How Predictive Analytics Can Stop a Global Financial Meltdown

How Predictive Analytics Can Stop a Global Financial Meltdown

As a regular reader of Project Syndicate’s website, I came across Nouriel Roubini’s article (August 27, 2015) in which he upholds the view that the world needs a global early warning system to avert financial crashes.

Roubini says that rating agencies, banks and other risk watchdogs usually fail to gauge correctly in a timely manner the dynamic complexity of financial, social and economic variables that should buttress the assessment of business and sovereign debt ratings.

Roubini states that “an assessment of sovereign risk that is systematic and data-driven could help to spot the risks that changing global (financial) headwinds imply.”  He uses a model based on 200 variables to score 174 countries on a quarterly basis to identify business risks and opportunities.

What Roubini is basically doing is applying data mining and predictive analytics to foresee fluctuations in multiple variables and trends in the global market. Many major vanguard business intelligence and software houses have already been following in the footsteps of predictive analytics.

FICO is a good example. FICO has been investing for quite some time in the development of advanced predictive models and dashboards for rating purposes. FICO boasts top credentials in credit risk forecasting. Gartner, Forrester, CGI and many others are on the same path.

Descriptive and proactive business intelligence is definitely not enough these days.

The volatility of the environment implies constant watch, analysis and forecasting. Business conditions change overnight. Business intelligence thus needs to be predictive in the current muddy environment in order to keep afloat.

The advent of High Frequency Trading (HFT) in the financial markets with constantly developing algorithms for forecasting is boosting the speed of capital movements. Sudden capital fluctuations and consequent rapid market reactions have been blamed for various major runs on assets and flash sales (e.g. the USA “flash crash” of May 2010).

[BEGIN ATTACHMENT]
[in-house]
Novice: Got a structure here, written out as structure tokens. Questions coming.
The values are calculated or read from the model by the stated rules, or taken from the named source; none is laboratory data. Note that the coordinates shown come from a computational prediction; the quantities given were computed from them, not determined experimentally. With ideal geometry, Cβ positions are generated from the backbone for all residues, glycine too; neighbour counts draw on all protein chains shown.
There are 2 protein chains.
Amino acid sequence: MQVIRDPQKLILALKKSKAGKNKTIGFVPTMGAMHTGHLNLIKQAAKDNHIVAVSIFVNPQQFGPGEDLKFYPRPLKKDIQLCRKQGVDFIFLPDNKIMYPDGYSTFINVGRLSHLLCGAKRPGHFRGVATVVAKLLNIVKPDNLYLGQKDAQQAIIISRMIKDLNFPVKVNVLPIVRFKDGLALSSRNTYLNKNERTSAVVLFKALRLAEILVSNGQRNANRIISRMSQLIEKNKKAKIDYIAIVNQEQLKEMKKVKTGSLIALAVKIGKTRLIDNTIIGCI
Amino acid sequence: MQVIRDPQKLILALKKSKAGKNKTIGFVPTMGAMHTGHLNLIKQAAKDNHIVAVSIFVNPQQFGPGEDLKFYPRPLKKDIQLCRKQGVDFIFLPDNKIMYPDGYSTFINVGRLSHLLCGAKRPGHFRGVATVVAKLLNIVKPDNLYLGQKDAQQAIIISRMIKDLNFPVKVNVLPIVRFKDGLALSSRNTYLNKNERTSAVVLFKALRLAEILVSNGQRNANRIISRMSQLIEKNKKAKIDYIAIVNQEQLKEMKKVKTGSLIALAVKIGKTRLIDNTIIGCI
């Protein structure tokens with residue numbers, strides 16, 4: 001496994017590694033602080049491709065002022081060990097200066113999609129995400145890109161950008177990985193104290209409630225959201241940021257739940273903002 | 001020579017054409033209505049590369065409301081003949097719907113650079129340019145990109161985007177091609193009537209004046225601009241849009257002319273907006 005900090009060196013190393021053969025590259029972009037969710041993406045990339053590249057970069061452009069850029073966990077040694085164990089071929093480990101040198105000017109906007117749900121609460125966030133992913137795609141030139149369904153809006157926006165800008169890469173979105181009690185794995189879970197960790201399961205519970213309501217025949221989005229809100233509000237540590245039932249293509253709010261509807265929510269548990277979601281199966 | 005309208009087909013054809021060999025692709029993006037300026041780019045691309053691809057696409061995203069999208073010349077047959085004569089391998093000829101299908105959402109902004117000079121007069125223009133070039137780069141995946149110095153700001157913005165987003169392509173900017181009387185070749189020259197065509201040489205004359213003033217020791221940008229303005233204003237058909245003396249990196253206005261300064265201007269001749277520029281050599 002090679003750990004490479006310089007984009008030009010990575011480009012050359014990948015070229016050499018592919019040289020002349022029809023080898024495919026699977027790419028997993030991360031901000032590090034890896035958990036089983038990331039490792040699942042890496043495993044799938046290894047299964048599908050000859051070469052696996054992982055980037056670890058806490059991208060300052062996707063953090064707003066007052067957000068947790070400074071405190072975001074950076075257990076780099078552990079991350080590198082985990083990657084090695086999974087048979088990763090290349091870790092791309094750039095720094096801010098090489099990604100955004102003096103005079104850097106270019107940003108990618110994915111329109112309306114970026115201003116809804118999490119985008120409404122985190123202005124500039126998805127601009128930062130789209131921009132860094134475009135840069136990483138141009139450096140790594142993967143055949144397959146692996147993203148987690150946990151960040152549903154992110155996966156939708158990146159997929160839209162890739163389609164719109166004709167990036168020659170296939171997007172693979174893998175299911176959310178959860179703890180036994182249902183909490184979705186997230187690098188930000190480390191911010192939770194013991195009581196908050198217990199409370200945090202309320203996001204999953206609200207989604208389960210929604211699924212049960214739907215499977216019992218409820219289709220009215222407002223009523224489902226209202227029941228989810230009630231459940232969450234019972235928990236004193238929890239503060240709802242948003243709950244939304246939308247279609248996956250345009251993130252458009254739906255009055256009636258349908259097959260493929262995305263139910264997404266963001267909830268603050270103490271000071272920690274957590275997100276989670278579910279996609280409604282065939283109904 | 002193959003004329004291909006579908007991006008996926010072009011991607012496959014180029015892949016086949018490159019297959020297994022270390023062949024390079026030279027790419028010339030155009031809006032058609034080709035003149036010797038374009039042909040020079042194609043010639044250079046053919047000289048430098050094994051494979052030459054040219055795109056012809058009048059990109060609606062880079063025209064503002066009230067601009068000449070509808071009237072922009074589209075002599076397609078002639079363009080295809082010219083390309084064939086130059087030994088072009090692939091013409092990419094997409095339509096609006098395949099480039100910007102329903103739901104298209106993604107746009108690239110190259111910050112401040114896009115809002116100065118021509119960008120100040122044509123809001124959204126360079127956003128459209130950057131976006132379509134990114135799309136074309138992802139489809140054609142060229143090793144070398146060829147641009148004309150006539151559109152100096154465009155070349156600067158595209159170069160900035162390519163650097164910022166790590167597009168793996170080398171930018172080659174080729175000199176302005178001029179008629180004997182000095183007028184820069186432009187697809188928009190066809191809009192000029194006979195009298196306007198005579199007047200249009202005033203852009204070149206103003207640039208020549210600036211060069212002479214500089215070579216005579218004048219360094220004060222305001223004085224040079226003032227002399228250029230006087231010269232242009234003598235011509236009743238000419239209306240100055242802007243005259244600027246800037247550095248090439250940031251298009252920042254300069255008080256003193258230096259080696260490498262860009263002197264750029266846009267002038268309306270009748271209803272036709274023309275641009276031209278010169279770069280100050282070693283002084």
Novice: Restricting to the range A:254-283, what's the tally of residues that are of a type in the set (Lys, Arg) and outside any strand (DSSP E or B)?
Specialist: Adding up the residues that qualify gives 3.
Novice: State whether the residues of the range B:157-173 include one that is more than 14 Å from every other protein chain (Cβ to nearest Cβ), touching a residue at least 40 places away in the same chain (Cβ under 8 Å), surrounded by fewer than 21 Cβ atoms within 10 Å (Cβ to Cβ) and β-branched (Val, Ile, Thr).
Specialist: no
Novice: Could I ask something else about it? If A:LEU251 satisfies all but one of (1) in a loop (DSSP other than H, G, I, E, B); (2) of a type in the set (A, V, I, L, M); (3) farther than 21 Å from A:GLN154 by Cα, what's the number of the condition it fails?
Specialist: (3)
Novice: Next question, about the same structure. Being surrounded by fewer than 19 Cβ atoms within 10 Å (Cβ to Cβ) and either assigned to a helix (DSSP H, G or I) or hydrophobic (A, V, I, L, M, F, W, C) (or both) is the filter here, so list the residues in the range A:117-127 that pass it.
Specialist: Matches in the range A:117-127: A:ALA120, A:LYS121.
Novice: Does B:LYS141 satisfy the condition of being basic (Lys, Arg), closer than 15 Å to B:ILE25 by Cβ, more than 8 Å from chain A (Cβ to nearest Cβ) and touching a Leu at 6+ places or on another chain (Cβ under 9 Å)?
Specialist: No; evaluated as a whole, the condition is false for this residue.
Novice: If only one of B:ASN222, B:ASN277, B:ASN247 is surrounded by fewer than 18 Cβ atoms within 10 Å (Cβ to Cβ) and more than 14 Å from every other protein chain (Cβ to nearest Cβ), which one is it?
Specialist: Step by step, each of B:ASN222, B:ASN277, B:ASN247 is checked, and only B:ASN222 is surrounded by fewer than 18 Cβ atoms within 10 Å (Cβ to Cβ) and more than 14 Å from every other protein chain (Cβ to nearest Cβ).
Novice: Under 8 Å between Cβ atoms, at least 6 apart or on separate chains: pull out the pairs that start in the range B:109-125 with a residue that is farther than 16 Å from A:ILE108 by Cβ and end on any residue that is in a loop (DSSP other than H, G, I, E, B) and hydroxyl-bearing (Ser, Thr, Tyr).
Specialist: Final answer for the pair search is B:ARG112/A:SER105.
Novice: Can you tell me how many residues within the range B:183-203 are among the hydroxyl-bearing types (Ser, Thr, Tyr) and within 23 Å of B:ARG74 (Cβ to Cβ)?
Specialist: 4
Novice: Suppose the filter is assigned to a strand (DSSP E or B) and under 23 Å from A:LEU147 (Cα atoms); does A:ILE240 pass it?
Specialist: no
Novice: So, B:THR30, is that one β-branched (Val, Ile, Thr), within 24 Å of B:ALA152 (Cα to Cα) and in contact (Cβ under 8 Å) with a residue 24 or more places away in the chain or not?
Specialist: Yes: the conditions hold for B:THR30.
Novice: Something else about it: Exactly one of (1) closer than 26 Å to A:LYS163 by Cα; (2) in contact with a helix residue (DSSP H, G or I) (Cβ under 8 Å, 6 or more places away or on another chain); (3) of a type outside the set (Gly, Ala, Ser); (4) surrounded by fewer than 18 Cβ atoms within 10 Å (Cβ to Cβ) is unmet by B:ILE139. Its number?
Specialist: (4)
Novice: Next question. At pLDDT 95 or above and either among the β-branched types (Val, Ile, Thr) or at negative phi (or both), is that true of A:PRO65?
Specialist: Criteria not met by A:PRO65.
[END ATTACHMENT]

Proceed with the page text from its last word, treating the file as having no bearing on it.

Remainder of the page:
Altogether with the underlying prevailing critical economic conditions in Europe in 2015 and the recent economic and financial plights of the BRICs (China’s August 2015 bear market and BRICs’ currencies rollercoasters), the ingredients for increasing global financial instability are all there.

At the same time, increasing business automation and robotization, amongst other technological advances, are disrupting many parameters beyond expectation such as labour, academic education and the way companies do business.

The aggregate complexity and fluidity of the environment implies the need to further develop predictive analytic methodologies. The basic signal detection principle of predictive analysis, as per the ability of the system to discern between information-bearing patterns and random patterns (noise) that distract from the information, is not enough and is now under a dimensional snowballing effect due to the huge non-stop deluge of data.

The determining factors that a detecting system identifies as a signal and separates it from noise (which is the ability of data mining to extract valuable information) are reaching levels of utter complexity.

As a consequence, the explosion of predictors for forecasts and the need to refine them implies increasing computer processing power. Altogether it also implies not just better data collection and crunching, but also more advanced human skills to complement and monitor the process.

Last but not the least, the final stage of the process requires fine-tuned human talent and intuition to interpret the results in order to formulate visions. Financial forecasting is thus a complex and tricky challenge. Risks of data validation abound in the process together with the risk of the Observer Effect.

If a number of forecasts are generated regarding some specific situation or risk of financial crash, the fact that those forecasts become publicly known may influence the situation itself and lead to unforeseen deviations from expected courses.

The rationale behind a global financial early warning system is smart. Early warning systems are safeguards against something devastating, as long as they stop short of triggering unnecessary panics for whatever reason.

Article written by Manuel Gomes Samuel
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